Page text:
Whether you’re trying to be a bodybuilding champ, or you simply want to get in shape and have a lean and toned physique, muscle building is often the goal of any fitness program. Strength training has taken the world by storm lately, and has been made easily accessible through the numerous tutorials and exercise classes often offered for free online.
Muscles contribute to an aesthetic physique, but they also do much more than that! Let’s take a look at why building an appreciable amount of muscle mass is good for your health.
How You Exercise Matters
A quick note:
There is no “best” way to exercise. However, many people overdo the amount of cardiovascular exercise they perform every day while neglecting to properly fuel themselves with adequate calories. While cardiovascular exercise is great for your heart and lungs, too much—especially in a calorie restricted state—can lead to wasting muscle mass which can result in an unfavorable body composition. Fitness is more than just weight loss, it’s about eating healthy, nourishing foods and developing functional and sustainable strength that will keep you able-bodied as you age.
Why Muscle Weight is Healthy
How is muscle important for health? A widely cited study in the American Journal of Clinical Nutrition in 2006 found that muscle plays a key role in protein metabolism by serving as the main reservoir for amino acids to ensure steady protein synthesis for vital tissues and organ function in the absence of them through dietary means.
In other words, when you are not receiving the adequate amount of complete protein (featuring all 9 essential amino acids), your body will turn to muscle catabolism (breaking down muscle) to acquire the energy it needs to maintain tissue and organ functions. That’s why severely limiting calories and putting excess strain on the muscular system results in breakdown of muscle tissue.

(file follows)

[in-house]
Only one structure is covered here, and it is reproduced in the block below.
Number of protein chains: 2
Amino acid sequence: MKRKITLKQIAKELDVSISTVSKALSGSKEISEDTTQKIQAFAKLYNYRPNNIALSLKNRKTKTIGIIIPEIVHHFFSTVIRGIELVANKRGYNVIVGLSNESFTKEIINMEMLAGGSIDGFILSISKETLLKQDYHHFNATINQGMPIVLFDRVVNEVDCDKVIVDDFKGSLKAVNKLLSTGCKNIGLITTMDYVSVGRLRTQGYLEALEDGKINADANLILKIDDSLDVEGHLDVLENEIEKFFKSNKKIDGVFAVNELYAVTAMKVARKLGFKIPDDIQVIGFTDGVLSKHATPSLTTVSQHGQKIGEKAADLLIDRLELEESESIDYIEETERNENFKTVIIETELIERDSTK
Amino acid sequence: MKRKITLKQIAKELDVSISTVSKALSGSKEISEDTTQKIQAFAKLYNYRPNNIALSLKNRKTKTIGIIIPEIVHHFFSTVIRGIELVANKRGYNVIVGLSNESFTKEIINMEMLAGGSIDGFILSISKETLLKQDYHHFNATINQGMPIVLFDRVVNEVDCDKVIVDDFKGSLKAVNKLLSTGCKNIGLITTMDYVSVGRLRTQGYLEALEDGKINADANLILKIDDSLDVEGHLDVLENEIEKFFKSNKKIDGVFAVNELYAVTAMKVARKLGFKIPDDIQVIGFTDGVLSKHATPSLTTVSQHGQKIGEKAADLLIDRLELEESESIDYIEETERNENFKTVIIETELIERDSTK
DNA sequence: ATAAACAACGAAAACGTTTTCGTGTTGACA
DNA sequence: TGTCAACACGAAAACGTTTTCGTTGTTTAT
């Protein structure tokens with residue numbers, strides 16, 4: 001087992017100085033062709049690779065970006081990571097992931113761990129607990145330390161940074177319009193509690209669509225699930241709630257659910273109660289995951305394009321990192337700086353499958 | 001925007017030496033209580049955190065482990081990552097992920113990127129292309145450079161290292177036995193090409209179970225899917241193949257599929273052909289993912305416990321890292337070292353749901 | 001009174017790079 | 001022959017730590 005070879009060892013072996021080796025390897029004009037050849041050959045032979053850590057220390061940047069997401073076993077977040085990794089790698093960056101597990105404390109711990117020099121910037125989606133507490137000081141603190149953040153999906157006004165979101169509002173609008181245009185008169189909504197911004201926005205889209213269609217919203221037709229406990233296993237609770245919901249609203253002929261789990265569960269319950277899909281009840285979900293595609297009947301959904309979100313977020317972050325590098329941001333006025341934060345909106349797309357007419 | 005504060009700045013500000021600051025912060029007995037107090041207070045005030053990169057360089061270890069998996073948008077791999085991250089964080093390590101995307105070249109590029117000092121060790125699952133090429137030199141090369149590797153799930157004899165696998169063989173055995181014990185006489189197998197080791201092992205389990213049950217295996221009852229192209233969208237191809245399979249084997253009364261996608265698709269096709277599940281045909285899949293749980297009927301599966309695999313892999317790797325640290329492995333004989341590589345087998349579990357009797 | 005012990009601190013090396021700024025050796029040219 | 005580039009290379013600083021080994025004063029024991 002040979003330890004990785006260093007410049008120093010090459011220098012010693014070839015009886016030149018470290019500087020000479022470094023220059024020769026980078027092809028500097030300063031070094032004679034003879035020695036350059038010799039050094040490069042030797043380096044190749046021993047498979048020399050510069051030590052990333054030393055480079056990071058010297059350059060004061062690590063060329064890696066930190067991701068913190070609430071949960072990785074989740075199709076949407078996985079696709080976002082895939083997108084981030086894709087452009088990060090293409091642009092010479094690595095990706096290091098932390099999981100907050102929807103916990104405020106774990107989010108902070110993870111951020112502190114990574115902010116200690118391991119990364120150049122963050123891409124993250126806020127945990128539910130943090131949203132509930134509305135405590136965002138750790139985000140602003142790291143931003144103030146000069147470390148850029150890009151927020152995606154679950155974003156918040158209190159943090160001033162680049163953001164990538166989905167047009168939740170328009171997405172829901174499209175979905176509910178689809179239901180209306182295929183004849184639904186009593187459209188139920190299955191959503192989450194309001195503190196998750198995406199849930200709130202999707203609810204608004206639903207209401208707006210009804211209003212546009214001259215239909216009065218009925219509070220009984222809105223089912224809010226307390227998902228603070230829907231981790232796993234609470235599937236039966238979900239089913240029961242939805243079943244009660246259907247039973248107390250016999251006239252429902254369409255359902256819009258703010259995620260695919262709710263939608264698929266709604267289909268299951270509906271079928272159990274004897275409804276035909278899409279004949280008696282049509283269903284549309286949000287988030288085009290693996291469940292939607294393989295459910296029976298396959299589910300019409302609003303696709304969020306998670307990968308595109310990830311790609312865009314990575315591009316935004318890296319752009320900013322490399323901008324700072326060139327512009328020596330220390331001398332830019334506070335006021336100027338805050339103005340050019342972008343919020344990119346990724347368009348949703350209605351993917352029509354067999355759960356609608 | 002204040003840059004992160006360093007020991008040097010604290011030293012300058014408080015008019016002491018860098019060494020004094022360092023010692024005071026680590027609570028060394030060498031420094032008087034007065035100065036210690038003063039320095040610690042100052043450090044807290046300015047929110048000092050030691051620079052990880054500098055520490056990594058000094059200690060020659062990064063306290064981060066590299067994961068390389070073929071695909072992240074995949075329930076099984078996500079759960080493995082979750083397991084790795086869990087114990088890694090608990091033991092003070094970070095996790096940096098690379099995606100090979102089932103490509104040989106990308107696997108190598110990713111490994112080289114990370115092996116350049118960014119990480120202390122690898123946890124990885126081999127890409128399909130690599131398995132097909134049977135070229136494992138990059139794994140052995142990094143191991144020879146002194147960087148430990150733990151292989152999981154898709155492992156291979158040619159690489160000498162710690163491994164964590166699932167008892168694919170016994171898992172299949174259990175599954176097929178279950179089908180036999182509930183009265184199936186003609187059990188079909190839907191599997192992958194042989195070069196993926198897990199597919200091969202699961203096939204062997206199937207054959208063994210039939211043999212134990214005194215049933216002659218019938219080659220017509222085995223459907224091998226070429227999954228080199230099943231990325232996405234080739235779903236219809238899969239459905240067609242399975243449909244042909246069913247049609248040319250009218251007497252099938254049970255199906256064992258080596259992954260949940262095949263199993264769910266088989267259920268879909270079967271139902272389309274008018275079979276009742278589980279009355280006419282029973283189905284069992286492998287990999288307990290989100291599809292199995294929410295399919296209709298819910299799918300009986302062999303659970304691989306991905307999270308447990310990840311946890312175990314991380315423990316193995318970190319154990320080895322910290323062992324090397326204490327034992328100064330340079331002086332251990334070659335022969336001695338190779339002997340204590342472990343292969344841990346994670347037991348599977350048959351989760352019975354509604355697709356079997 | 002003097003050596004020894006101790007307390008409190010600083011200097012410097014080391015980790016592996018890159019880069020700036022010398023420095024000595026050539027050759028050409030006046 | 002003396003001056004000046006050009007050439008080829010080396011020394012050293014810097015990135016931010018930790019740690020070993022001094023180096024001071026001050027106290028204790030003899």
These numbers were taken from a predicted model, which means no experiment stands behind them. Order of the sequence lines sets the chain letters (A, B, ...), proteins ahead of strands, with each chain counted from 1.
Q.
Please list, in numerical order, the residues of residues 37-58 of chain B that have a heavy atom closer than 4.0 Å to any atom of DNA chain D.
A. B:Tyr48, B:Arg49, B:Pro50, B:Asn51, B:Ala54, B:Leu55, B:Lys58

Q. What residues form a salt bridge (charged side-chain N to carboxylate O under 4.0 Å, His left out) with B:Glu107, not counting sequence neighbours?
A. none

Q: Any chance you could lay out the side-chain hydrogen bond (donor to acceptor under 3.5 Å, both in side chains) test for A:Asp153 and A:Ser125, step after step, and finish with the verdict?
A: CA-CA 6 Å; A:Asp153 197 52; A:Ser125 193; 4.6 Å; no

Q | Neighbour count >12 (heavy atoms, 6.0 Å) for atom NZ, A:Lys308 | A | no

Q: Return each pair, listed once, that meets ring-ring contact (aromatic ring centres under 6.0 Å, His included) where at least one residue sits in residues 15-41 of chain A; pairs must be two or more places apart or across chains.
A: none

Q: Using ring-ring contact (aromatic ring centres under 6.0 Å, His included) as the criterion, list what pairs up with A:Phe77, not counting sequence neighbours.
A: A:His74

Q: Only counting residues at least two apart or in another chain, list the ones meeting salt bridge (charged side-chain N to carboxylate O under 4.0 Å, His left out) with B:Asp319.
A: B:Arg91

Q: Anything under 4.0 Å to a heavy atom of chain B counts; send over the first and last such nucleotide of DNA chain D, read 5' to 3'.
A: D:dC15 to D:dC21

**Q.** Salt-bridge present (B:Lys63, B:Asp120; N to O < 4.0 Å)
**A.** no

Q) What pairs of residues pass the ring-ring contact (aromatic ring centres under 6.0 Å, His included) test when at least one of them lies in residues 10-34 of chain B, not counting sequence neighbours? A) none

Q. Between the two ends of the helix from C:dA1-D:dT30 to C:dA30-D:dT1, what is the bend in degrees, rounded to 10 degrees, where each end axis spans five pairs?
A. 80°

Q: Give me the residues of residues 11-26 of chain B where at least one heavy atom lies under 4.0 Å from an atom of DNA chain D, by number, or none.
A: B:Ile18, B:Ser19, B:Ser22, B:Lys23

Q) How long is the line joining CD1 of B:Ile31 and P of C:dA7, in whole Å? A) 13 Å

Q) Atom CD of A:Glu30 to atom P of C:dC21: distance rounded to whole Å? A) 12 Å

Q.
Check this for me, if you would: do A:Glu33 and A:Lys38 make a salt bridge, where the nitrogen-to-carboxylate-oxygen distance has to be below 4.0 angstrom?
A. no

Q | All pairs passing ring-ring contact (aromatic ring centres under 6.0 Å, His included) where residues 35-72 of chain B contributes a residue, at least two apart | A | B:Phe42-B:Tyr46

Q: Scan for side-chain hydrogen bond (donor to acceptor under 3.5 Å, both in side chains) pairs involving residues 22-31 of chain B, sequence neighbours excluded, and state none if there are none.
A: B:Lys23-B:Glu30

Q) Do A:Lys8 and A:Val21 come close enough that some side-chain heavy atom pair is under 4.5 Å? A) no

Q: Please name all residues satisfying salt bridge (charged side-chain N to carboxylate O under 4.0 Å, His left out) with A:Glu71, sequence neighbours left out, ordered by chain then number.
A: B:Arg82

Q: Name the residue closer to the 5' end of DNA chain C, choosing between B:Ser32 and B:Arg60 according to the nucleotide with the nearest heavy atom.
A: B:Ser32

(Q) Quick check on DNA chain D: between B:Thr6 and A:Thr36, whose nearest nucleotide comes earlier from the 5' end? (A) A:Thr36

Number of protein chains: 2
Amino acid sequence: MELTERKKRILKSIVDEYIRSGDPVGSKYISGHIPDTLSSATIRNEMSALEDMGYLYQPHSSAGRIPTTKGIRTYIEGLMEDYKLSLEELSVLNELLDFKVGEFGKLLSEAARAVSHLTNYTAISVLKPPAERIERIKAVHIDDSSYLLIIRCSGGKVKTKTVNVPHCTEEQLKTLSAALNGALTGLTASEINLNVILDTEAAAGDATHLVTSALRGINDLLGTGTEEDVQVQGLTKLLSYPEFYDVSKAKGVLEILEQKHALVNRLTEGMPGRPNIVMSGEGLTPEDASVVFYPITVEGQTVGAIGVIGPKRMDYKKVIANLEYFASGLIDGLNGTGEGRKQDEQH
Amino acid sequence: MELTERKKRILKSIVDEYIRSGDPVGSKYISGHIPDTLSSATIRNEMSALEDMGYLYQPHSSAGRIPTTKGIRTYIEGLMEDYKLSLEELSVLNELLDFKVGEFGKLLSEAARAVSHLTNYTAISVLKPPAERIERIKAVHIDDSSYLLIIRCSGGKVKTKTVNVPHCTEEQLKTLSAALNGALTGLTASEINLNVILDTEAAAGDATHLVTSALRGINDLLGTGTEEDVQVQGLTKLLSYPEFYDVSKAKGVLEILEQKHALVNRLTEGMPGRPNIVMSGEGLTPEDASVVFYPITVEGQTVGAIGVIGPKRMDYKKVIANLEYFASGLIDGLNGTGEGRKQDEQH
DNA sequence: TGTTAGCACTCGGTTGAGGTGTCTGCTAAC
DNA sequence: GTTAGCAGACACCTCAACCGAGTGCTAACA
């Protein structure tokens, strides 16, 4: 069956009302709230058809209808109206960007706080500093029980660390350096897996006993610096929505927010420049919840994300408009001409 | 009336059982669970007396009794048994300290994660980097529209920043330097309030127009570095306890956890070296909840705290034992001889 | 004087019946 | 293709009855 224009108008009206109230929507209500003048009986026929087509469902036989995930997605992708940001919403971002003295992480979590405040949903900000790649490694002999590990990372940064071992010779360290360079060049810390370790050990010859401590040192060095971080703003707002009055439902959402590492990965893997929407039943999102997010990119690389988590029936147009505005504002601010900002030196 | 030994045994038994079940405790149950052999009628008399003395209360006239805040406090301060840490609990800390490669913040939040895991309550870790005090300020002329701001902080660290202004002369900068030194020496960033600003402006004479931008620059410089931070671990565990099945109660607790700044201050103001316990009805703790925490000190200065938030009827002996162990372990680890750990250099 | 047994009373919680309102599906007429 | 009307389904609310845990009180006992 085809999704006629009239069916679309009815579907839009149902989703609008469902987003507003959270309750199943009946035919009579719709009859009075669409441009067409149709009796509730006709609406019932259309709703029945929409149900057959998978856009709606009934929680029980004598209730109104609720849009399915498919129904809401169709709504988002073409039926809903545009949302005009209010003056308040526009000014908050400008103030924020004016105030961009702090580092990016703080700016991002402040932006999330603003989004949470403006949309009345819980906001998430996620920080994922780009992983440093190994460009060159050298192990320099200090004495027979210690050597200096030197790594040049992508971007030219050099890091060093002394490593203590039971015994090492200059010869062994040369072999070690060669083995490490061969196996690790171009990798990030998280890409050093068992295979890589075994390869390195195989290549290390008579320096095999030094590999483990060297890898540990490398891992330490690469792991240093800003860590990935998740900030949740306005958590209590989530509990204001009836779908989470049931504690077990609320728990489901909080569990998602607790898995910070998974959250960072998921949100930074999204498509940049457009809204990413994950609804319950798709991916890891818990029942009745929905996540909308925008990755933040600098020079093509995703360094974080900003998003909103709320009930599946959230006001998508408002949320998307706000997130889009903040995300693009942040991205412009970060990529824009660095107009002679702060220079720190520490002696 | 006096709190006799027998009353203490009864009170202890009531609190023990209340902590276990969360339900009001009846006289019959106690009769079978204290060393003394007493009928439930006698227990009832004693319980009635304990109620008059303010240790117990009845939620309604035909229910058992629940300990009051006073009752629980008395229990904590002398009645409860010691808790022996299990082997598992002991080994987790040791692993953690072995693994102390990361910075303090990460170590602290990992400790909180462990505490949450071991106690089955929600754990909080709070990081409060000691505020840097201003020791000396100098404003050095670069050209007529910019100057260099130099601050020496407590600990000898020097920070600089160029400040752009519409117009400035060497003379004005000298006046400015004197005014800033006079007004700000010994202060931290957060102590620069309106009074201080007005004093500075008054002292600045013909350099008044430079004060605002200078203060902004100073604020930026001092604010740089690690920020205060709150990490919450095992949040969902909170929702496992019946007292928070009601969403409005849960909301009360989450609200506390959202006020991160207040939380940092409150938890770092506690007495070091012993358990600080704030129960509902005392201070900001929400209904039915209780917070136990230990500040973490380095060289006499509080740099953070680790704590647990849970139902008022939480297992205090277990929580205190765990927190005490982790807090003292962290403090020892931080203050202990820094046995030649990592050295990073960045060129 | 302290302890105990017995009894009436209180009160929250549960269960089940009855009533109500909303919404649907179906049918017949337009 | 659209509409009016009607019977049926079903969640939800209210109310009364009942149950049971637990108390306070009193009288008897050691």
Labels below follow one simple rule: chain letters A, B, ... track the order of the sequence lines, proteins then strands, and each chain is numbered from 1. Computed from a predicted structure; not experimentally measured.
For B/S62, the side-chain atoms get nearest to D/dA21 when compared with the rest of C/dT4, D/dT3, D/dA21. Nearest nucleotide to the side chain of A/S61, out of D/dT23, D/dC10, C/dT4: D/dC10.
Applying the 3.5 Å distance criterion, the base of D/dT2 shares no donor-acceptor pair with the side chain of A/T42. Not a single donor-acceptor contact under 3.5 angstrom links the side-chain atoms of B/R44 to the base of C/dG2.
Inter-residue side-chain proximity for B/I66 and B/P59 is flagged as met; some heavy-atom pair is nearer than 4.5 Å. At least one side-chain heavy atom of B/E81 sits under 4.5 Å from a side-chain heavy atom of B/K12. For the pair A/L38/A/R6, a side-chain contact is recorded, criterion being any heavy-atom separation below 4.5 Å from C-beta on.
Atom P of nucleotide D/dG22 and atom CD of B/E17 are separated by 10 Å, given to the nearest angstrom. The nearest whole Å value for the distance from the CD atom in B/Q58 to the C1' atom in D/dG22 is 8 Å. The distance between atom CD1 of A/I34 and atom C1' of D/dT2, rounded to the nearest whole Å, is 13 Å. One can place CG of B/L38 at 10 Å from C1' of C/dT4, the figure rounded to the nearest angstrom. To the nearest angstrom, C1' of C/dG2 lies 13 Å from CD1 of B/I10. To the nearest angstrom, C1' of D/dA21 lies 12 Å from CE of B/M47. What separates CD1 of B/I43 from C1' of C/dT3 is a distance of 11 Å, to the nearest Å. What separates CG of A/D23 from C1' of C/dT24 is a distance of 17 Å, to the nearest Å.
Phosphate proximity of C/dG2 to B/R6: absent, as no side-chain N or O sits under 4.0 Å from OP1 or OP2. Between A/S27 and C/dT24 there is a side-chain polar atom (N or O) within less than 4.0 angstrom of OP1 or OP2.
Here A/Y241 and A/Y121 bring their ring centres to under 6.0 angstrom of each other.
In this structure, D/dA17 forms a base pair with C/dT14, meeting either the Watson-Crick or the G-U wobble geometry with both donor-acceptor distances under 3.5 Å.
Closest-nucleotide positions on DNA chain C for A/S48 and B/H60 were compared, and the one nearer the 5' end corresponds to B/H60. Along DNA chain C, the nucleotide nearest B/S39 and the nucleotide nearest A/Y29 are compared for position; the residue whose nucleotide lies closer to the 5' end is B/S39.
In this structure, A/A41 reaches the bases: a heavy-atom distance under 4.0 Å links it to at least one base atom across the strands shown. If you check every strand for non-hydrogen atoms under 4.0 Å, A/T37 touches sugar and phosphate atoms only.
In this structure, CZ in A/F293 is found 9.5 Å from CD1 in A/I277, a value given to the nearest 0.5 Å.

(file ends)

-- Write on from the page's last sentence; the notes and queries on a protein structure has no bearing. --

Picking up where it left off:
What are the benefits to keeping a reasonable amount of muscle mass on your frame? Muscle plays a crucial role in boosting our resting metabolic rate. Have you ever heard someone say they have a slow metabolism? A slow metabolism means that the body is burning a low amount of calories at rest. Muscle requires energy to sustain itself and calories are the form of energy that it needs. The more muscle you have, the more calories you burn at rest which results in a faster metabolism!
Weight management and a faster metabolism are not the only benefits of increased muscle mass. As of 2018, 34.2 million Americans had diabetes. Type 2 diabetes is critically linked with insulin resistance, the inability of your body to properly utilize glucose for energy thus resulting in high levels of glucose on the bloodstream. This is known as high blood sugar which can lead to complications such as stroke, chronic kidney disease, vision problems and more.
Muscle mass is an important factor of increasing insulin sensitivity because skeletal muscle can store large amounts of glucose, not only increasing insulin sensitivity but allowing for a higher threshold of carbohydrate metabolism in the individual. Those who suffer from type 2 diabetes see significant improvement in blood glucose control when increasing protein intake in their diet, especially plant-based proteins. Adding in more plant-based proteins can be as easy as snacking on nuts and seeds or assuring that you have protein for breakfast instead of a carbohydrate like cereals or bagels.
Building Muscle with Dr. Praeger’s Food Products – Foods for Muscle Building